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Impressions de voyage: En Russie; De Paris à Astrakan: Nouvelles impressions de voyage

Adventures in Czarist Russia

voyage/travel, pub:1860

    En Russie (PDF)
    The Poet Poushkin (from En Russie)

Oeuvres/Related Works
    Murch, Alma Elizabeth: Adventures in Czarist Russia - Available from amazon.com
    Dumas père, Alexandre: Adventures in Czarist Russia - Available from amazon.com

From Reviews (ADR) by Arthur D. Rypinski:
     In 1858, Alexandre Dumas was invited to accompany the family of an immensely wealthy Russian noble, Count Kouchelef-Bezborodko, on a trip to Russia. Making up his mind on the spot, Dumas departed within the week on a trip lasting, in all nine months, from which came two books of travels En Russie and Le Caucase, and at least two works of fiction: Sultanetta and La Boule de Neige, the latter set in Baku and written while Dumas was there.
     En Russie was an immense book of four volumes, totaling some 300 pages of text, and reportedly has never been completely translated into English. Dumas filled the book not only with an account of his travels, but with sketches of Russian history and literature, translations of Russian poetry, and mini-biographies of some of the people he met. The most common English translation available, the 1960 "Chilton" edition, translated by Alma Murch, is heavily abridged and contains mostly the travelogue segments. There is also a free-standing 1905 translation of some of the historical sketches published under the title "Celebrated Crimes of the Russian Court."
     Dumas traveled with the Kouchelefs and his acquaintance, Daniel Douglas-Home, the celebrated psychic and spirtualist, who was to marry a Kouchelef daughter in St. Petersburg. They traveled by train to Stettin, and by boat to St. Petersburg. Dumas records, with barely disguised glee, that Douglas-Home's psychic powers vanished under the onslaught of severe seasickness. From St. Petersburg, Dumas took an excursion into Finland, and thence by train to Moscow, by coach to the Volga, and by boat to Nizhni-Novgorod, Kazan and ultimately Astrakhan, on the shores of the Caspian Sea, where En Russie ends and Le Caucase begins.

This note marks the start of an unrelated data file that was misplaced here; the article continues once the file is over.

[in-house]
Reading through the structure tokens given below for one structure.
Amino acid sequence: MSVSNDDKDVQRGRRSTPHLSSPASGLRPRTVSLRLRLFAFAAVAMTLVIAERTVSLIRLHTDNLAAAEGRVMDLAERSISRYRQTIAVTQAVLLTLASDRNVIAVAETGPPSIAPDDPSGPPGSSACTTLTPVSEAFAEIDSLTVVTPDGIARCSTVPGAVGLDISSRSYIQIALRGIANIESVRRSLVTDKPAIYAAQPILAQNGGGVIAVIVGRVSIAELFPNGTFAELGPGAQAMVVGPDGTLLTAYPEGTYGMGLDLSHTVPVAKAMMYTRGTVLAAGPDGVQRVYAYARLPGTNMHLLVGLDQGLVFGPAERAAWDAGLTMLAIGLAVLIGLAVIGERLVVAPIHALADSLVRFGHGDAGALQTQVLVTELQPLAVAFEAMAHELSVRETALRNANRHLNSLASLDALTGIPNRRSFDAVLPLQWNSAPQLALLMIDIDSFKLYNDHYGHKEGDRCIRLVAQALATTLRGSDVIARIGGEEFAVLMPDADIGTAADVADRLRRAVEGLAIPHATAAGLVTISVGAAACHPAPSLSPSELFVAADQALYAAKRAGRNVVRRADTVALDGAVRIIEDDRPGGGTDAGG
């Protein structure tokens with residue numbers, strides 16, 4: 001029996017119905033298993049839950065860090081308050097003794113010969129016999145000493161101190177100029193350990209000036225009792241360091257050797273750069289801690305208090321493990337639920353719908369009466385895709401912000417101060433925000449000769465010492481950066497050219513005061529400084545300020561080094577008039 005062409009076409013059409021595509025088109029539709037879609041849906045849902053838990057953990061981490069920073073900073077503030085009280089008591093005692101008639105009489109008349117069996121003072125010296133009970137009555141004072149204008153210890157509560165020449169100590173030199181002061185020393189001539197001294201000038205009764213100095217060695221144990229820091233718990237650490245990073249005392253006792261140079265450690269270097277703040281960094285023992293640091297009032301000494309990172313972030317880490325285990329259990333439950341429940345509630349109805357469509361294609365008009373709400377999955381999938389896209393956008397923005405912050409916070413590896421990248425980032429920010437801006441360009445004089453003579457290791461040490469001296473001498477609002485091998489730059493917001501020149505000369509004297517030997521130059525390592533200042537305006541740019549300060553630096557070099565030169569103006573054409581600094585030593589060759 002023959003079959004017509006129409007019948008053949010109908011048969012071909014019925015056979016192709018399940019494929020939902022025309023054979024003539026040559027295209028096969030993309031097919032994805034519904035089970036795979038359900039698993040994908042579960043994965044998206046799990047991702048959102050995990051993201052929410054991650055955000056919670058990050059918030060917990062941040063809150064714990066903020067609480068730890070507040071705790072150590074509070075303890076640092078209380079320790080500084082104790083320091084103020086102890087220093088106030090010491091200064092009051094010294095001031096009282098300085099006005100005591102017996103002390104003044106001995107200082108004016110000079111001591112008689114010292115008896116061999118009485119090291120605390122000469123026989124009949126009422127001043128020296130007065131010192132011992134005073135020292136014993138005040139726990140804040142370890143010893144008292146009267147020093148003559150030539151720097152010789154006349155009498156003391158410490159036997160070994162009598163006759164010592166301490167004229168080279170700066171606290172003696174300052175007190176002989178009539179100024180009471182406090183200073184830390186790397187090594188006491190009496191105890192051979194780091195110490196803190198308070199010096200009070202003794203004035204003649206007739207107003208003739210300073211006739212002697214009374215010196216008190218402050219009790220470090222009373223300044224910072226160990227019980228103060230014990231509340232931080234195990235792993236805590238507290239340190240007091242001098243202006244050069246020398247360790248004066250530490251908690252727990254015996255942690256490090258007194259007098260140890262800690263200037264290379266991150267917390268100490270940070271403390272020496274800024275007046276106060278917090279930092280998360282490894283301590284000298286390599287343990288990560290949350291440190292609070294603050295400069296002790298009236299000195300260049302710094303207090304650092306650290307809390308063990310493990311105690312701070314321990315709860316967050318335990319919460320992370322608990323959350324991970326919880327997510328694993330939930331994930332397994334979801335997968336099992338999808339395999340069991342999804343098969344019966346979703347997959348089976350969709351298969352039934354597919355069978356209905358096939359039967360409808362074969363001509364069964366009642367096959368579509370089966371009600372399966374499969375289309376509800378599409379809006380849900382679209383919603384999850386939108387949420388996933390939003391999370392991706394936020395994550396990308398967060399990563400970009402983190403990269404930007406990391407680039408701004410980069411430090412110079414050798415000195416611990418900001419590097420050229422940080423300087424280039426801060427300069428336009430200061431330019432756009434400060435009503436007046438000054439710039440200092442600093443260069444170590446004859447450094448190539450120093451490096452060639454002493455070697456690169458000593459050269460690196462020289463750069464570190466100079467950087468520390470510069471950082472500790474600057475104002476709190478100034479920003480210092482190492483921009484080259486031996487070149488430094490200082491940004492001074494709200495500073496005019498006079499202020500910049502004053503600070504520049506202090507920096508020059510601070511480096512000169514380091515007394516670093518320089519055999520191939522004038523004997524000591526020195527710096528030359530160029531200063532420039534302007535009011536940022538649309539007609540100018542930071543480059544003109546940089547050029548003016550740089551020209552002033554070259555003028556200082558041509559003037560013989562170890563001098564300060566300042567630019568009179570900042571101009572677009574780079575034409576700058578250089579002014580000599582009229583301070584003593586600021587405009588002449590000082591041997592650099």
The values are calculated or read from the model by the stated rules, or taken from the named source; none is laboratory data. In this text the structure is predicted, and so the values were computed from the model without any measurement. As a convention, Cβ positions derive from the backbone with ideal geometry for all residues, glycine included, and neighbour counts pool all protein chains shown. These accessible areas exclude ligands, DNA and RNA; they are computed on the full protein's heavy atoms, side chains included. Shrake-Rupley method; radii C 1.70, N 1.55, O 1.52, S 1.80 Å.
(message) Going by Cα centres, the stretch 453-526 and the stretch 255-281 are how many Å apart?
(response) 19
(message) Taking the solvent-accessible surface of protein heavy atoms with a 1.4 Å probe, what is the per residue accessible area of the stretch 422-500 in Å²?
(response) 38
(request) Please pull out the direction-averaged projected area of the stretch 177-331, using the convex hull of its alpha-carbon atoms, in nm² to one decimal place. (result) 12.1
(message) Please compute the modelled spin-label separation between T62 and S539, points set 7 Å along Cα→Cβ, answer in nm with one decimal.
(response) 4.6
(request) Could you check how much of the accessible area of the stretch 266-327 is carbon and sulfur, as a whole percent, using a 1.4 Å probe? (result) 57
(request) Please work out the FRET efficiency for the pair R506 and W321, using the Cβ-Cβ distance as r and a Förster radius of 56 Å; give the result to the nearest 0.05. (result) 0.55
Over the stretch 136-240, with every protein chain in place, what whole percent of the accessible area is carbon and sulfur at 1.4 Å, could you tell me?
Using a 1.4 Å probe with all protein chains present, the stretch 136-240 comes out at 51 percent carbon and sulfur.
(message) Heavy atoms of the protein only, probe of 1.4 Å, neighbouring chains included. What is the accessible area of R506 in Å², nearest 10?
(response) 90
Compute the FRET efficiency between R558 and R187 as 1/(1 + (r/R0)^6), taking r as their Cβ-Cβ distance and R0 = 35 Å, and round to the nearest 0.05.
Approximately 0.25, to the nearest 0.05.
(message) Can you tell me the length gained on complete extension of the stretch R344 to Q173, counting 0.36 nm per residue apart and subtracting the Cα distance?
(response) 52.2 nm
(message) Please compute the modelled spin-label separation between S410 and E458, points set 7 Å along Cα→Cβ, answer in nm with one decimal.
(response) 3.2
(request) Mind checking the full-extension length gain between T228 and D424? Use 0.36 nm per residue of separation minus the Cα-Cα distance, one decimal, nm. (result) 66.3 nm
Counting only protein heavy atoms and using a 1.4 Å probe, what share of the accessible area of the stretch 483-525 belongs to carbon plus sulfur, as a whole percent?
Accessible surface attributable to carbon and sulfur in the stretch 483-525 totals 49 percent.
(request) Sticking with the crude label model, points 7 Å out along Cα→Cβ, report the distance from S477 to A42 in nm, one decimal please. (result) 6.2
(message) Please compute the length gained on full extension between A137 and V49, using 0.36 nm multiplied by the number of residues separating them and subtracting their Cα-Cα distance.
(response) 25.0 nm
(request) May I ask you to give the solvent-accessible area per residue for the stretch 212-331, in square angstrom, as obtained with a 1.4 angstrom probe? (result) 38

Dumas' most trenchant observations (to a modern reader) were of the corruption and injustice of the Czarist regime, the brutality of the nobles, and the alienation of the population from their rulers.

From A Bibliography of Alexandre Dumas père by Frank Wild Reed:
     The first part of Dumas' Russian travels, though only published after the second "Le Caucase" (see page 368).
     In this work Dumas translated a number of pieces of Russian verse, which will be found under 1858-59.
     The first portion was issued in "Le Monte-Cristo" with a few variations from the final text ; next a number of chapters were supplied to "Le Constitutionnel," while the final portions found their issue in "Le Monte-Cristo."
     Original edition : Paris, Librairie Nouvelle, A. Bourdillart et Cie., 3 vols., 12mo., as "De Paris à Astrakan," 1860. (Possibly only a portion—see below.)
     As "Impressions de Voyage : En Russie;" Paris. Lévy Frères. 4 vols., 12mo., 1865. (It is probable that this is the first complete edition, the other being but a portion.)
     Now in four volumes in the Calmann-Lévy standard edition.
     In Le Vasseur's "Alexandre Dumas Illustré" it is in Vol. XXIII.

         References :—
     Parran: " Bibliographic d'Alex. Dumas," page 67.
     Glinel: "A. Dumas et Son Œuvre," pp. 351-53.
     Ferry: " Dernières Années d'A. Dumas." Chapters XVI.-XX.

         English Translation :—
     "Celebrated Crimes of the Russian Court" (extracts only) ; London, Hurst and Blackett, illustrated, 1906.

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